The coronavirus (COVID-19) pandemic is having unprecedented impacts on businesses and communities across the world. Although the long-term implications of the crisis are uncertain, one thing is clear: disruption within our tightly connected global economy has dramatic real, local and personal impacts on business and community. How sustainability is imagined and practiced is being heavily influenced by this disruption.

Amidst any major disruption there are some positives and opportunities, and the coronavirus pandemic is no different. Some positive sustainability changes resulting from the coronavirus pandemic and the economic and social response have been well documented. There has been a reduction in global CO2e emissions during the coronavirus pandemic. At the peak of the lockdown it was estimated that global CO2e emissions were 17 per cent below 2019 average emission levels. The Himalayas became visible from India for the first time in 30 years due to a reduction in air pollution. The canals in Venice have cleared up after reduced tourism. There has also been an increase in awareness of the cause of pandemics. As people reflect on the responses to the coronavirus pandemic, it has also spurred conversations about sustainability in business. However, this conversation is not entirely new. Sustainability in business has been discussed at large, particularly since the launch of the UN’s 17 Sustainable Development Goals in 2016. What’s new about present conversations around sustainability centres on how the social and economic disruption of the coronavirus has disrupted thinking about business as usual. Disrupted thinking can be seen in 1) the challenge to be more sustainable through social responsibility and 2) the response to the disruption, by government and business, has shown that the ‘impossible’ is indeed possible.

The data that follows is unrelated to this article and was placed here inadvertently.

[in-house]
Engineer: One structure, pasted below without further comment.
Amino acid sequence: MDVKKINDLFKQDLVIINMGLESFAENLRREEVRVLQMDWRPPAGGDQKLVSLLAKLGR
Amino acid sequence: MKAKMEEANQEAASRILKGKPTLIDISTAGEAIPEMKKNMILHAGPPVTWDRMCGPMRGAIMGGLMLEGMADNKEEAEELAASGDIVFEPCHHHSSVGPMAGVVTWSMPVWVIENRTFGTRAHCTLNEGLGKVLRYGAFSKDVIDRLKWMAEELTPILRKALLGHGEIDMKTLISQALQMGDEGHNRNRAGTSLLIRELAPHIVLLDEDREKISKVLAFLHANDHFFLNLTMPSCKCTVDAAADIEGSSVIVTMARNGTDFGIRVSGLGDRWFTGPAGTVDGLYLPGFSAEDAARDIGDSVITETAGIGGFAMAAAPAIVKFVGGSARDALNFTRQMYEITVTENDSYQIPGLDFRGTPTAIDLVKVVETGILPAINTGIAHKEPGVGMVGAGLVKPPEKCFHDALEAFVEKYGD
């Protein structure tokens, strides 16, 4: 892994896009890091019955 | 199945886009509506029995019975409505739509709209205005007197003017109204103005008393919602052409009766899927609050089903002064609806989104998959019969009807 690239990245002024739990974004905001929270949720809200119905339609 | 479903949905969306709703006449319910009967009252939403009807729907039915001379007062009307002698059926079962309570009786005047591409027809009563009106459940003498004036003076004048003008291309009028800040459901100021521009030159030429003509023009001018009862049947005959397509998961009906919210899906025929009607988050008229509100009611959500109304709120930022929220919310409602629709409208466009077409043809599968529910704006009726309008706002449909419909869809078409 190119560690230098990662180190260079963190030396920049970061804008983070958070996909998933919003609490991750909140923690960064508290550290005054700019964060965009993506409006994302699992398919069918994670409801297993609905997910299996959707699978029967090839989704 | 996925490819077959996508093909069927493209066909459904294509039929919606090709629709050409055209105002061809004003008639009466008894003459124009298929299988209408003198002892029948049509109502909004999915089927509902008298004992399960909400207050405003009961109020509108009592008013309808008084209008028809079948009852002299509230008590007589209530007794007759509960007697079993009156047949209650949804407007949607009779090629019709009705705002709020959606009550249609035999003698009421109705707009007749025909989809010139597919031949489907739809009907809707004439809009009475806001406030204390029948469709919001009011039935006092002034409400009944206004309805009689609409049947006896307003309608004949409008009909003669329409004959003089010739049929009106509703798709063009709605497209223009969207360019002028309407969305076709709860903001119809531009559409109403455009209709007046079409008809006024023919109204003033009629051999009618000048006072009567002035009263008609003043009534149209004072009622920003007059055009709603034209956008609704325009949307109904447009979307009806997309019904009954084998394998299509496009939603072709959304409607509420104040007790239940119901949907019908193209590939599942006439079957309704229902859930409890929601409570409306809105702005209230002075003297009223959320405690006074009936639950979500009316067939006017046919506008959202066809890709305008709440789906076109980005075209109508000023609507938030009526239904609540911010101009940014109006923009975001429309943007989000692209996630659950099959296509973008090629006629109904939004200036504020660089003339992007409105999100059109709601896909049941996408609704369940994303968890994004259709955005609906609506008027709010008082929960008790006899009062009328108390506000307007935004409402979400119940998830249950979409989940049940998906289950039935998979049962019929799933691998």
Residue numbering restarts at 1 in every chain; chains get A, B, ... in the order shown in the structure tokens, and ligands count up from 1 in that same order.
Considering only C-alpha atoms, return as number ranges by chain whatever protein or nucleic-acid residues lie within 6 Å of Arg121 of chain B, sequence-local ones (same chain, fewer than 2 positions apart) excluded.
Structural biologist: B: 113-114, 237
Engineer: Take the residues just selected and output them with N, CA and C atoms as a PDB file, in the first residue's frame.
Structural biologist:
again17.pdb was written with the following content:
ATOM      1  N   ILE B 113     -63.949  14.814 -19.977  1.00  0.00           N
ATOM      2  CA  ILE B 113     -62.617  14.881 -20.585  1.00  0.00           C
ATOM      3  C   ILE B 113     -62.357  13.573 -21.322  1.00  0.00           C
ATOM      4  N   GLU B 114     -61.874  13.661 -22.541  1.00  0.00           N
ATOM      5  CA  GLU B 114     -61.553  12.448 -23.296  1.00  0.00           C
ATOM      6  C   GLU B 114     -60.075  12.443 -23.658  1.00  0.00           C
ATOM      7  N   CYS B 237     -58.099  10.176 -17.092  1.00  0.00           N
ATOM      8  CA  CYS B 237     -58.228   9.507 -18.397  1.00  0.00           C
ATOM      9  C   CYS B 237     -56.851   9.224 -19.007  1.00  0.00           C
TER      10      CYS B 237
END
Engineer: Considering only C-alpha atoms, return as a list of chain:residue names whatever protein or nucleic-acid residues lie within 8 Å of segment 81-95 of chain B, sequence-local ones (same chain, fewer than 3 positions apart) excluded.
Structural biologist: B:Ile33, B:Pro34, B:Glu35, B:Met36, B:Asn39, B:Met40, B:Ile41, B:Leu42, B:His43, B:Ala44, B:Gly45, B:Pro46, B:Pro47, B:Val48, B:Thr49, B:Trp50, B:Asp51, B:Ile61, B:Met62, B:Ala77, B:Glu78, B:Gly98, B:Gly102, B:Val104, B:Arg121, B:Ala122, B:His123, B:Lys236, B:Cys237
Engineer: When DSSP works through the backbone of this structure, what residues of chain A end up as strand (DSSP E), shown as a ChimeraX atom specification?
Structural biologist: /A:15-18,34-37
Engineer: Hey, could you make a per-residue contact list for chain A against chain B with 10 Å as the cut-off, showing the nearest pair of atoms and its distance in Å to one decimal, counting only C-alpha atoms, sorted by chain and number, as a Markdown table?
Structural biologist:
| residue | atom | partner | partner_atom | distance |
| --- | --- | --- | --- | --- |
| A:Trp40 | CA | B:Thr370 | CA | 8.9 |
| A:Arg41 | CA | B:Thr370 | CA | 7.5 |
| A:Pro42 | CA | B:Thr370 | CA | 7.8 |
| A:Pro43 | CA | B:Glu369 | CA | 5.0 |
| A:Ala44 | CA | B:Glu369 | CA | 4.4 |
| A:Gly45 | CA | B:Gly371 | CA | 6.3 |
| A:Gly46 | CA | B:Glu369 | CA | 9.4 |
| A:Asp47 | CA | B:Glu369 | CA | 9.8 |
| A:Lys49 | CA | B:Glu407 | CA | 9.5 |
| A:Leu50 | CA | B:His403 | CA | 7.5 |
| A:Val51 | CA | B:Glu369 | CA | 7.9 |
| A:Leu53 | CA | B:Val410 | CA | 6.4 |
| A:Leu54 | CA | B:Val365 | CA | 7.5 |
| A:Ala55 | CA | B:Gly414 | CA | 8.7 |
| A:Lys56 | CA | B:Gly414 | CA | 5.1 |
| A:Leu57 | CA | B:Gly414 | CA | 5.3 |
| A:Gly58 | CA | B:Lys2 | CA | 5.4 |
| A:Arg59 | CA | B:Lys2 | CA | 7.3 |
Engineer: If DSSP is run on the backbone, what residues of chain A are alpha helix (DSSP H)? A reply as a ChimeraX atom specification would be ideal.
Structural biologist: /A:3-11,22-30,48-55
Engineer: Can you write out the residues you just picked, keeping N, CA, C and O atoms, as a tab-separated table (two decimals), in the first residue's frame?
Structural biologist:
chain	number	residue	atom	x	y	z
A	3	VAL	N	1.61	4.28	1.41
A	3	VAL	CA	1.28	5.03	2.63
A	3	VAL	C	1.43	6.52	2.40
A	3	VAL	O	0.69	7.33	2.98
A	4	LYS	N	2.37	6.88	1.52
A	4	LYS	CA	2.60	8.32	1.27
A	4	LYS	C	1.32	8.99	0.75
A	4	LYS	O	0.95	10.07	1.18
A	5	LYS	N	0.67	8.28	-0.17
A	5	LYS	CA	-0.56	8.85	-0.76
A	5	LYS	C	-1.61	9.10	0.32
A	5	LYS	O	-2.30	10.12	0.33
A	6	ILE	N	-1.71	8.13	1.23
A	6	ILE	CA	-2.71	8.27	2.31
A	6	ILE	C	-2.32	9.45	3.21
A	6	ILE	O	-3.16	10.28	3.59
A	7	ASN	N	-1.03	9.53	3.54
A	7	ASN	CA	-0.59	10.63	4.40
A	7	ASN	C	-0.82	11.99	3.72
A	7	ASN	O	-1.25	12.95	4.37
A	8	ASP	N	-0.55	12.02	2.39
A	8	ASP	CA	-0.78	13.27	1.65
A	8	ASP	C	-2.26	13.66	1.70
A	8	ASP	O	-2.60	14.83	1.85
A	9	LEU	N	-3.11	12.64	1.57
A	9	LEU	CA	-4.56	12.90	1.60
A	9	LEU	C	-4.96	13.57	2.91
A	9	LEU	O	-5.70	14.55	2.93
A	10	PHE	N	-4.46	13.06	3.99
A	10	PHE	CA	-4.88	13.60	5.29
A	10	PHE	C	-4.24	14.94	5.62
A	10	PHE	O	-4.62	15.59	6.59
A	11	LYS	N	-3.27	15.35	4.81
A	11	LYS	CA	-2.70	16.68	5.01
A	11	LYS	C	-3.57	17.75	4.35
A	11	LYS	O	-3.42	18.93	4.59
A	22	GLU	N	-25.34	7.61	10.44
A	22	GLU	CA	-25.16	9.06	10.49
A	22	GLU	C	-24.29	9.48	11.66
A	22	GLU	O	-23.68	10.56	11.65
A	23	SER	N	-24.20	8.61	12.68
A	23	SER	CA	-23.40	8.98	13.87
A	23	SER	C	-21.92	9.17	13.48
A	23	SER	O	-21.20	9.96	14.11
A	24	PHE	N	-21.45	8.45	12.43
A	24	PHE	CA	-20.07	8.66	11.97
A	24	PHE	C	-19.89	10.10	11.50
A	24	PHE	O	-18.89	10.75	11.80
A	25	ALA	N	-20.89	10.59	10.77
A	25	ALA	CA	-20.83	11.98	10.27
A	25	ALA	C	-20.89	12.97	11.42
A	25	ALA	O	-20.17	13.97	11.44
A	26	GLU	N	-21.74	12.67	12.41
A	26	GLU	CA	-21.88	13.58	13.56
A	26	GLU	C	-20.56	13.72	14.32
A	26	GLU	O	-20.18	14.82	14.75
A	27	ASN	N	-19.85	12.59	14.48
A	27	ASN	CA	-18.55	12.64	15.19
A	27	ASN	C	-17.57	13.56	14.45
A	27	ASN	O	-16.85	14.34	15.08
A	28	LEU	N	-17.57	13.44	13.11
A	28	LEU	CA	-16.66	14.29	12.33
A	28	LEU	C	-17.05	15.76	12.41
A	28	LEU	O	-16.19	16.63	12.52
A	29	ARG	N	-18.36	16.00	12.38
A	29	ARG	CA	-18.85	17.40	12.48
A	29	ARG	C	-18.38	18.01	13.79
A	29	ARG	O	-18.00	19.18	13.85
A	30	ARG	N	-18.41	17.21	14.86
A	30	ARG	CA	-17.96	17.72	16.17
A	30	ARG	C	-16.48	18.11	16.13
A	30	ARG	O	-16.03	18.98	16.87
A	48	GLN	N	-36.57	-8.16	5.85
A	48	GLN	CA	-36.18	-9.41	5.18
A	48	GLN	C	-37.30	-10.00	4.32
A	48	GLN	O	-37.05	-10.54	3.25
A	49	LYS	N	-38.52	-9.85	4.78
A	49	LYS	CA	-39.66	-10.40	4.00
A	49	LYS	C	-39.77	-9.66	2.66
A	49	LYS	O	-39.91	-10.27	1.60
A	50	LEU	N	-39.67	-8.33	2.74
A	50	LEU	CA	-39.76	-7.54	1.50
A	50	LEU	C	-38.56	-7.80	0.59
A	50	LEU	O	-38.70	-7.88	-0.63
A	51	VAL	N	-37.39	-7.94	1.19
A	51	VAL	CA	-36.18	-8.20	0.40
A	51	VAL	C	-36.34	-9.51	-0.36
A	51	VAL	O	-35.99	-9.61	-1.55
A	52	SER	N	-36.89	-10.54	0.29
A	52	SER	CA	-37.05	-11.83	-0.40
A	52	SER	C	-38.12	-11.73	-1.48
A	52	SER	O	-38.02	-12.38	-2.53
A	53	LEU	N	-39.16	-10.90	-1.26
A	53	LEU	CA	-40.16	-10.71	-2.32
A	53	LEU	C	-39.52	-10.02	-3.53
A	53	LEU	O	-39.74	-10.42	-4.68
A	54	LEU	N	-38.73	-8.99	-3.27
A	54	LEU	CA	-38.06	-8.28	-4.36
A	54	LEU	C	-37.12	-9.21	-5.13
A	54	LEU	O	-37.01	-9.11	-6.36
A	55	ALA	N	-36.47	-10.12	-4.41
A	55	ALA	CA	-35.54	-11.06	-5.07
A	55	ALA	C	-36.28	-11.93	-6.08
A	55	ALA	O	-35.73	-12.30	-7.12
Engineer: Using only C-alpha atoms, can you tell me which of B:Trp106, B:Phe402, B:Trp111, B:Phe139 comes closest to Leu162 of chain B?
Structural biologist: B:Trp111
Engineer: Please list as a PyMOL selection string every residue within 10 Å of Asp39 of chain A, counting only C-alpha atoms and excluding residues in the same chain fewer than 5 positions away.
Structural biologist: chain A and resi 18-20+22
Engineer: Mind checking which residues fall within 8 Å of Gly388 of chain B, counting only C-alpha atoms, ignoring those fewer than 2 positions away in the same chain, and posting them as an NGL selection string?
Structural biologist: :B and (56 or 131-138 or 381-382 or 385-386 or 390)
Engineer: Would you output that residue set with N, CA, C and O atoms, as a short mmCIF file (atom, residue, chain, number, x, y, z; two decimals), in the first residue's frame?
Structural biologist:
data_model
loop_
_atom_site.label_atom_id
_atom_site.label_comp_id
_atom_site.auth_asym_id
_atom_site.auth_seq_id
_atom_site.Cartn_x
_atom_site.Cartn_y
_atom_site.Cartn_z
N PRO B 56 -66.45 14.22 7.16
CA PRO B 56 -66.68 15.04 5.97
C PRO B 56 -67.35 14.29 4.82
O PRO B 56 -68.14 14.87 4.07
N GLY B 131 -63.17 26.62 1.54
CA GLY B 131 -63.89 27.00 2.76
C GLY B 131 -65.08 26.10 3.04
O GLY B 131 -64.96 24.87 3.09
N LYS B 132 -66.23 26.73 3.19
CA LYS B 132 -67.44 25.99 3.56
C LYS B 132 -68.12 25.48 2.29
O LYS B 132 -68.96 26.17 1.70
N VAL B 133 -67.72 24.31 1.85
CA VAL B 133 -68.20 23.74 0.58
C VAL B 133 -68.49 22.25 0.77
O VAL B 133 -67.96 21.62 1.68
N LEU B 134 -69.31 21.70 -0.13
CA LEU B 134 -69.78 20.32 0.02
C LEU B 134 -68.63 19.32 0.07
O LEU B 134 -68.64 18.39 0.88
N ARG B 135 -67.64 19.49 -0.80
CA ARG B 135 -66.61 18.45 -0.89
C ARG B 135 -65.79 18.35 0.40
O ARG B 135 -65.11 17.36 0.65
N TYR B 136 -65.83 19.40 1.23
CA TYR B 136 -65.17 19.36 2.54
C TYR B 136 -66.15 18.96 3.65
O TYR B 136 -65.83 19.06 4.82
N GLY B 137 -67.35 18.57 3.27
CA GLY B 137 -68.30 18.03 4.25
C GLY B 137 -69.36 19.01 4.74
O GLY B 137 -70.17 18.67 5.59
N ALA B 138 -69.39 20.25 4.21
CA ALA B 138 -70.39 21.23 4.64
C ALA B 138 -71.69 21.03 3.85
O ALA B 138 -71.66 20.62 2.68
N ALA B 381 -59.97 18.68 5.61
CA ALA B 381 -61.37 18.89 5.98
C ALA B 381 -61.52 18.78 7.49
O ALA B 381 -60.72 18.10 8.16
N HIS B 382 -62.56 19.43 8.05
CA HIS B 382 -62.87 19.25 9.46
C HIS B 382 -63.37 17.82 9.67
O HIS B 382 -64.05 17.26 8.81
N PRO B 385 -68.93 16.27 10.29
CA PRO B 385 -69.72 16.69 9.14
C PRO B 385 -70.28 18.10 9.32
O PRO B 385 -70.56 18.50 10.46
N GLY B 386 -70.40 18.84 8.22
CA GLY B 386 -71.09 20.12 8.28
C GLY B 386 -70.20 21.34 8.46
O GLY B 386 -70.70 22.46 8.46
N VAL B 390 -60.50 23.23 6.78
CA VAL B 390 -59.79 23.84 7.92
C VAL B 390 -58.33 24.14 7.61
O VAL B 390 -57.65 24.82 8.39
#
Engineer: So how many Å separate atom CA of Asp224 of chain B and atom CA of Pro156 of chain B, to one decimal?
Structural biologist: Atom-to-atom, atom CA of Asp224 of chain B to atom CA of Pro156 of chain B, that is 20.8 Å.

In a pre-coronavirus world, working from home for all employees was ‘impossible’. Business meetings ‘needed’ to happen in person. And hosting conferences and large events online was largely unheard of. Liaising with interstate or international partners or clients in person was also deemed necessary, which meant air travel and therefore, carbon emissions. Economic recovery packages implemented by governments globally were unimaginable 6 months ago and surprisingly the packages are at odds with the philosophies of many governments. Over the last few months, the ‘impossible’ suddenly became possible.

Please click here to read the full “Sustainable business after the lockdown—business as unusual” article published at BSI Connection, written by Griffith Asia Institute researcher, Dr Rob Hales and Vanessa Taveras Dalmau.